Cameron said, “I think it helps that Ben has got a very distinctive and powerful voice. I suppose we’re starting to find our sound as well. Ben & Nath wanted to go a bit heavier with this track but I’m not a massive fan of heavy guitar. So, I opted for a more chimney yet overdriven guitar style that suits me, but also packs a punch. Plus, I got to flex my inner Graham Coxon/Jonny Greenwood with the effects heavy solo part!”

Brad covered this shot too, “I would say so, yeah. It’s good to build a sonic trademark, all the greats have that! It’s a good thing when people can still recognise you, even when you change things. Shows that you’re using that style but without losing the integrity of what you are.”

At this early stage, Daydream Runaways call a good compromise between them, witnessed when they tuned for our Waiblingen Way Fire fundraiser. “There’s always going to be differing opinions,” I pondered, “Bit like marriage!”

Cameron replied, “no relationship comes without some disagreements, a band included. But we’re all good at finding a compromise, which is good!”
Throughout the interview I’m concerned if I should bring the idea of a possible album up, as when we did the fundraiser I asked, and it met with varying opinions between them. However, with the topic running on compromise, it’s now or never! “I wasn’t sure, though wanting to ask, if I should bring it up again!”

Cameron delegated, “Bradley…over to you on the album talk!”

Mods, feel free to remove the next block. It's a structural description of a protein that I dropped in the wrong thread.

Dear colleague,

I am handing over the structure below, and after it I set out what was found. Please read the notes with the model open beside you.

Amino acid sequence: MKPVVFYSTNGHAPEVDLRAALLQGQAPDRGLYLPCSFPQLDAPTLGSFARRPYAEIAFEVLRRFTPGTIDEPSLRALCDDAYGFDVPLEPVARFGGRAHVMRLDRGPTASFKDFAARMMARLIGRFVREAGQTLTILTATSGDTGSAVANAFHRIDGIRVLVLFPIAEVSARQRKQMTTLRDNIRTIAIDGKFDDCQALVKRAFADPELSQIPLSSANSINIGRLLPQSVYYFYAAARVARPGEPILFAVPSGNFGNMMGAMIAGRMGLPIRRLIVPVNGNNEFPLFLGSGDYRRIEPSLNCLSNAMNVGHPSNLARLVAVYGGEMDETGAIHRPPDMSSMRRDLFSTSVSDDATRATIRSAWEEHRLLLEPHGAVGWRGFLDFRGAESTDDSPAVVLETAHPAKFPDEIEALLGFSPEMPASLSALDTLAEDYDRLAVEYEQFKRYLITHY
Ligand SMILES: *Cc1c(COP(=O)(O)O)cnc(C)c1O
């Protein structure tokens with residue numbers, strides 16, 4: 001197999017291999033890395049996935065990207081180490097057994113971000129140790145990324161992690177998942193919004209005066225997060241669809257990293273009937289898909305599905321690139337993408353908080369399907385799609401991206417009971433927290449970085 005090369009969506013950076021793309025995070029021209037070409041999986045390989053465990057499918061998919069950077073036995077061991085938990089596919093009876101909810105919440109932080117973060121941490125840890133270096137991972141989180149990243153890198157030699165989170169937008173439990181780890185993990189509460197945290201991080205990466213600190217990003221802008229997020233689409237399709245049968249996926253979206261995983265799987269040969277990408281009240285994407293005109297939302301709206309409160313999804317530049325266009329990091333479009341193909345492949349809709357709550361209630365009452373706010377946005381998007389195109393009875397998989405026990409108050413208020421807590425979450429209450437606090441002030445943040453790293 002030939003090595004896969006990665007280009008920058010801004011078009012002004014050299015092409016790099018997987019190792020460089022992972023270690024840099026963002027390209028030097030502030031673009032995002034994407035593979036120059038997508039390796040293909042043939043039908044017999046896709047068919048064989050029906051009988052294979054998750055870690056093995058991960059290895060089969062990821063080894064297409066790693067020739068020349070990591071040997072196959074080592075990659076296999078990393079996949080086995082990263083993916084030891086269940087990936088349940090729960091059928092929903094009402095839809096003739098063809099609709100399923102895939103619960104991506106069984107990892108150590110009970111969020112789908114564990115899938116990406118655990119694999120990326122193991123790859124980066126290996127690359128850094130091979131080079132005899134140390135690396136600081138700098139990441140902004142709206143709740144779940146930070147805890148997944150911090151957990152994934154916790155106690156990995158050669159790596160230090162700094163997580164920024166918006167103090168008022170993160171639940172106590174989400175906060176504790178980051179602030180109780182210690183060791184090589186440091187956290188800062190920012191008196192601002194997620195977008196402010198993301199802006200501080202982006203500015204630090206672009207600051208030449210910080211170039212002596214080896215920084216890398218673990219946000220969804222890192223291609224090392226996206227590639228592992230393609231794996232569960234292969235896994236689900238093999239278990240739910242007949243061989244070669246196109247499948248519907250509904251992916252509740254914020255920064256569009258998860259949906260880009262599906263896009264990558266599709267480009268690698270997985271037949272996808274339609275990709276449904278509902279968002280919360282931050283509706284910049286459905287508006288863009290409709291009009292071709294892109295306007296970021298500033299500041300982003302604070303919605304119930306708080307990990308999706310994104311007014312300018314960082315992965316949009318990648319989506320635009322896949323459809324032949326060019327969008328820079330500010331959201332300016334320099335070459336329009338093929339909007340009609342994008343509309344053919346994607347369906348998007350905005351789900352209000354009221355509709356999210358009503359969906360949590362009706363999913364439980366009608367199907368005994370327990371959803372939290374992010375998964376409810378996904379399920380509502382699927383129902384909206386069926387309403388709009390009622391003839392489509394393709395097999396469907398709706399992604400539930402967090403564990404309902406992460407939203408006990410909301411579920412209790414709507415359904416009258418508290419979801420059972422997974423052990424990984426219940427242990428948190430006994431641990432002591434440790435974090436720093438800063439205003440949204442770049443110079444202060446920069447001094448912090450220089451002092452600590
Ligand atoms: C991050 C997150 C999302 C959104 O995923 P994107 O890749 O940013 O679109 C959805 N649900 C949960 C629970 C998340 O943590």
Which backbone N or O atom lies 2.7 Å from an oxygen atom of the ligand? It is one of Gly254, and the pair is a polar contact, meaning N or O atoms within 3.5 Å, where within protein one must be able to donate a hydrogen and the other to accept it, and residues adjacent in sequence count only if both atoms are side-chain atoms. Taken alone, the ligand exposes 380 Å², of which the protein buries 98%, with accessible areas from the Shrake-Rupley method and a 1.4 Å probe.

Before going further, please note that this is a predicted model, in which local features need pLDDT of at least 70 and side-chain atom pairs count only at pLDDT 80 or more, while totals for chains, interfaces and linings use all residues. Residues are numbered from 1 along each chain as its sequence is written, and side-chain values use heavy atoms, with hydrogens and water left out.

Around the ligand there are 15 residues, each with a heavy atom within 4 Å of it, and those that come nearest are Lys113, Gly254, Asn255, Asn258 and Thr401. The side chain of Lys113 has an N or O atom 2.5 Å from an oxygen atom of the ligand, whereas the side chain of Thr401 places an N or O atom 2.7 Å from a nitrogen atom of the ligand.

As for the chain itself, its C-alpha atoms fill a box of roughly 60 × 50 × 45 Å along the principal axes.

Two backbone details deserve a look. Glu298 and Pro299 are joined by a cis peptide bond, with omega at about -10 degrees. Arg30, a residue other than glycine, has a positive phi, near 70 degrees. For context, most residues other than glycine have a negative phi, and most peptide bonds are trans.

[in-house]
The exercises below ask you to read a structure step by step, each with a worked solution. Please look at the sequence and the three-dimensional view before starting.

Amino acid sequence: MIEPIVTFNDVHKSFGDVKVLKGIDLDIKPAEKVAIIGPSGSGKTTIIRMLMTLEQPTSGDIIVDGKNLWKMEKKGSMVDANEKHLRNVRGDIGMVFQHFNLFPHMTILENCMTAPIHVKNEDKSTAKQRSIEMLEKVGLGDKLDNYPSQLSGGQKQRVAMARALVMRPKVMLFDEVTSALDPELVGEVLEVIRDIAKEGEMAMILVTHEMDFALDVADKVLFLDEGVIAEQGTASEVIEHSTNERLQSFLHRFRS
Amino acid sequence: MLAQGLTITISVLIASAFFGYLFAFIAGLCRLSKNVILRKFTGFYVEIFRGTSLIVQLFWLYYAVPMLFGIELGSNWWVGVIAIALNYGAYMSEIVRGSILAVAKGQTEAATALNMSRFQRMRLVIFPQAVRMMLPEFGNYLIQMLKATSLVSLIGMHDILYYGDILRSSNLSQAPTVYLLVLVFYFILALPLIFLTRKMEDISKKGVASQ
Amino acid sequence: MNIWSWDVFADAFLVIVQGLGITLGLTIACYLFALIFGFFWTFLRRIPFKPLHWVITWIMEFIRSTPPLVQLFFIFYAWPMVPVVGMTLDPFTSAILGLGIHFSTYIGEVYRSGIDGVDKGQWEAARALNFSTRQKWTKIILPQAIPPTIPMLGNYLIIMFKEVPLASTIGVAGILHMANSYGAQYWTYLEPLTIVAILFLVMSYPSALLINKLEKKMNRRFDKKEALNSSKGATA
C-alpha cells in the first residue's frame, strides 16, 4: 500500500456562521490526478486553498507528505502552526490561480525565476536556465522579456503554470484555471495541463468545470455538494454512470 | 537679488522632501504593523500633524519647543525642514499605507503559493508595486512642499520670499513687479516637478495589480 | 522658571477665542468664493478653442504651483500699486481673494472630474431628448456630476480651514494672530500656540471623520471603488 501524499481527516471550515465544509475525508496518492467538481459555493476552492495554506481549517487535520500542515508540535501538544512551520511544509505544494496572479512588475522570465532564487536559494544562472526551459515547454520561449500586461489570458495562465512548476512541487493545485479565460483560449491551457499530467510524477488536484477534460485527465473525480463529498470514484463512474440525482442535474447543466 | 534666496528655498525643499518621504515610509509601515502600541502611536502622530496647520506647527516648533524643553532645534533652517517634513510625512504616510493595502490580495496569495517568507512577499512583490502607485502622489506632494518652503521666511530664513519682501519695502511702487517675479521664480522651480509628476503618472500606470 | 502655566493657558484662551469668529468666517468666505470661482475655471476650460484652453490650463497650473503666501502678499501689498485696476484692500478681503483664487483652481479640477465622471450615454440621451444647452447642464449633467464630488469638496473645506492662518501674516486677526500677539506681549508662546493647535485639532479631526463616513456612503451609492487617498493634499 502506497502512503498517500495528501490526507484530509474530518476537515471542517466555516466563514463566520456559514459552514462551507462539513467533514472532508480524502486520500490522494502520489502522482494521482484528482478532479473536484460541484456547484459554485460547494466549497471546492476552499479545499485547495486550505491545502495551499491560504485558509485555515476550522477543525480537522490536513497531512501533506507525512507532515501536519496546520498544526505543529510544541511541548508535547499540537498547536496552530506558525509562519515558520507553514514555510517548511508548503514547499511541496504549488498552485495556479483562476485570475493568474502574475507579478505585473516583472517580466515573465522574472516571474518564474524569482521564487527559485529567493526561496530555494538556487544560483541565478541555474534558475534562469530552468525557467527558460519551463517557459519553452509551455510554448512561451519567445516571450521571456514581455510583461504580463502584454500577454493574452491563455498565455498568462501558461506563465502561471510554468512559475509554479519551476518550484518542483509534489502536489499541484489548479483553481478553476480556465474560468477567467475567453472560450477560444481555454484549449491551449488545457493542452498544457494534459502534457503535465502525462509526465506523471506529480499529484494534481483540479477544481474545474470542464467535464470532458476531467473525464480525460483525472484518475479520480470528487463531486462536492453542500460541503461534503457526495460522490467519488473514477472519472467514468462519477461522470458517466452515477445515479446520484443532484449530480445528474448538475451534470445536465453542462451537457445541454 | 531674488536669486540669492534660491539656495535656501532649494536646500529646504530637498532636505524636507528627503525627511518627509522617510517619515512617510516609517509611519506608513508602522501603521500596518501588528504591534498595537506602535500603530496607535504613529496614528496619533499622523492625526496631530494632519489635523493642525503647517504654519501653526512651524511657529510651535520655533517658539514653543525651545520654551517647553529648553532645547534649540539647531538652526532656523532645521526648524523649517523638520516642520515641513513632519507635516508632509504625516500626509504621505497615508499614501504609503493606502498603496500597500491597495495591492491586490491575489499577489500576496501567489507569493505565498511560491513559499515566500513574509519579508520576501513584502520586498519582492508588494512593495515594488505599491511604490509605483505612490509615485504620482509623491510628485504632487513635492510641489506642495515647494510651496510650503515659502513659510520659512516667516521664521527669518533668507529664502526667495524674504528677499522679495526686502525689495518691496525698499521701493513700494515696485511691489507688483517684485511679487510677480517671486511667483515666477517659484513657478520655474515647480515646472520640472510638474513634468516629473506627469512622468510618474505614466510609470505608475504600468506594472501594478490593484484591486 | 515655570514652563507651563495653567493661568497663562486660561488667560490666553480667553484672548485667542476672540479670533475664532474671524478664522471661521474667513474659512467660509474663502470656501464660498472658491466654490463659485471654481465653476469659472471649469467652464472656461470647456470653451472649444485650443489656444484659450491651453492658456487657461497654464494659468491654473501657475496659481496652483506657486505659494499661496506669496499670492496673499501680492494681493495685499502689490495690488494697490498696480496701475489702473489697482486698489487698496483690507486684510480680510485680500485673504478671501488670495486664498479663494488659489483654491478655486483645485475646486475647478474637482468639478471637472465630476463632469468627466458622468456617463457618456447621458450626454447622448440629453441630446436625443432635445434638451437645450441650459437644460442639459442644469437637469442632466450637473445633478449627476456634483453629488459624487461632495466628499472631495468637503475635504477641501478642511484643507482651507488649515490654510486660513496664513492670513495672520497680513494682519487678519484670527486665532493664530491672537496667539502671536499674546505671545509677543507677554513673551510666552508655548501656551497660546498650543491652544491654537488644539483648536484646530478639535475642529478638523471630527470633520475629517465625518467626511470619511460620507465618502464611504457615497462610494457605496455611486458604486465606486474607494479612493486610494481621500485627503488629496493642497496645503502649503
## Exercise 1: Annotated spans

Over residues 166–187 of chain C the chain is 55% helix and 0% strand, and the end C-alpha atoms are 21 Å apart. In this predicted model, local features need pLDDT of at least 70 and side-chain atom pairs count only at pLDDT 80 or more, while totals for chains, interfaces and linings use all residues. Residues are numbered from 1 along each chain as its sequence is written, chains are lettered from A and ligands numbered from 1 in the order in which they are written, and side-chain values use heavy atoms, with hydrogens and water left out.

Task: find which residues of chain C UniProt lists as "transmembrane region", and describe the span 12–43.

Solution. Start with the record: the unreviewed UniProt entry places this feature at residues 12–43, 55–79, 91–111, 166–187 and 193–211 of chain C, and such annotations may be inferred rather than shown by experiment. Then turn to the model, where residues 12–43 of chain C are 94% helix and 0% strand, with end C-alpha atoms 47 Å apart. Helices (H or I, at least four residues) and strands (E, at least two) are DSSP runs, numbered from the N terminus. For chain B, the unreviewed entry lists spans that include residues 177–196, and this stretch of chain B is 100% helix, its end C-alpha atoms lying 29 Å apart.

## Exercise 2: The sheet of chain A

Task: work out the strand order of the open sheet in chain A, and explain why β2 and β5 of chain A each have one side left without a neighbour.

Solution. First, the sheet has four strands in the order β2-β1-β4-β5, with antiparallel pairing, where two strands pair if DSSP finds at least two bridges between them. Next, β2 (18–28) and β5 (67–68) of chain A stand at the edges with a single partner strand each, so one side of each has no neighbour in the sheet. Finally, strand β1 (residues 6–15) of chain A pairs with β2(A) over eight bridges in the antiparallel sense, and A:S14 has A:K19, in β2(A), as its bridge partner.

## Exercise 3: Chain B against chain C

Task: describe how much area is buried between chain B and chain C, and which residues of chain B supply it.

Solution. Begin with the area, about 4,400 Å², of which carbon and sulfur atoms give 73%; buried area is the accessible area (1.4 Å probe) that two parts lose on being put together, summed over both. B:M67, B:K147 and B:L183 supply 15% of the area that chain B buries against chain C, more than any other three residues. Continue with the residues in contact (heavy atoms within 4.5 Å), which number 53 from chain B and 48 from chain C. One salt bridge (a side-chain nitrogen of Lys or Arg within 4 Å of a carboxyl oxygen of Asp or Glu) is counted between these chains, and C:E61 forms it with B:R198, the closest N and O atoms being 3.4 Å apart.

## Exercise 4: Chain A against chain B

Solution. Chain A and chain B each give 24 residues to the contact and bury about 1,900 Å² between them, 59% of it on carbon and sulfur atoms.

I interjected with the proposal before he did, “I think you should, but accept I’m not thinking about current climate in the music industry, rather an old fashioned ideal.”

Bradley answered, “there was a plan. However, the coronavirus has impacted that. Not going to say it’s completely gone but we’ll wait and see what happens. You can’t really make any plans at the moment.”

Cameron expressed, “it’s not a matter of if but a matter of when is probably all we’ll say for now!”

Brad added, “I’d say doing an album is all dependent on what genre you’re doing. Rock music fans are still very defiant and keeping the album alive. So maybe with this Gravity sound we’ll go down that route.”

It did bring us onto these strange times, and my deliberations on what’s the best approach for artists on how to continue, continues. “What’s best for musicians,” I asked them for their tuppence, “the live stream is simply not the same as a gig, and while charging for it is a bit cheeky, it’s difficult to know where to go to get some revenue for the work you put it. In short, must be a bitch. Let’s not say the word again!”

I couldn’t argue with Brad’s comment, “some bands I follow have rejected the idea and directed people to supporting more pressing causes.”

Meanwhile, Cam elucidated his feelings about the lockdown. “Whilst you really miss that immediate response from a crowd, and the fact you’re in a room where you can play loud and really get into it, they’re still fun to do! We were lucky enough to do one right before the lockdown was enforced. Probably one of the first bands to do it, then Chris Martin came along after with his solidarity sessions. We still haven’t forgiven him for that!”

“Springsteen did one! But not before you!” I supplemented.
Bradley was proud to say, “we were the first UK band to do a self-isolation livestream. There, I said it; Let the feud with Chris Martin begin!”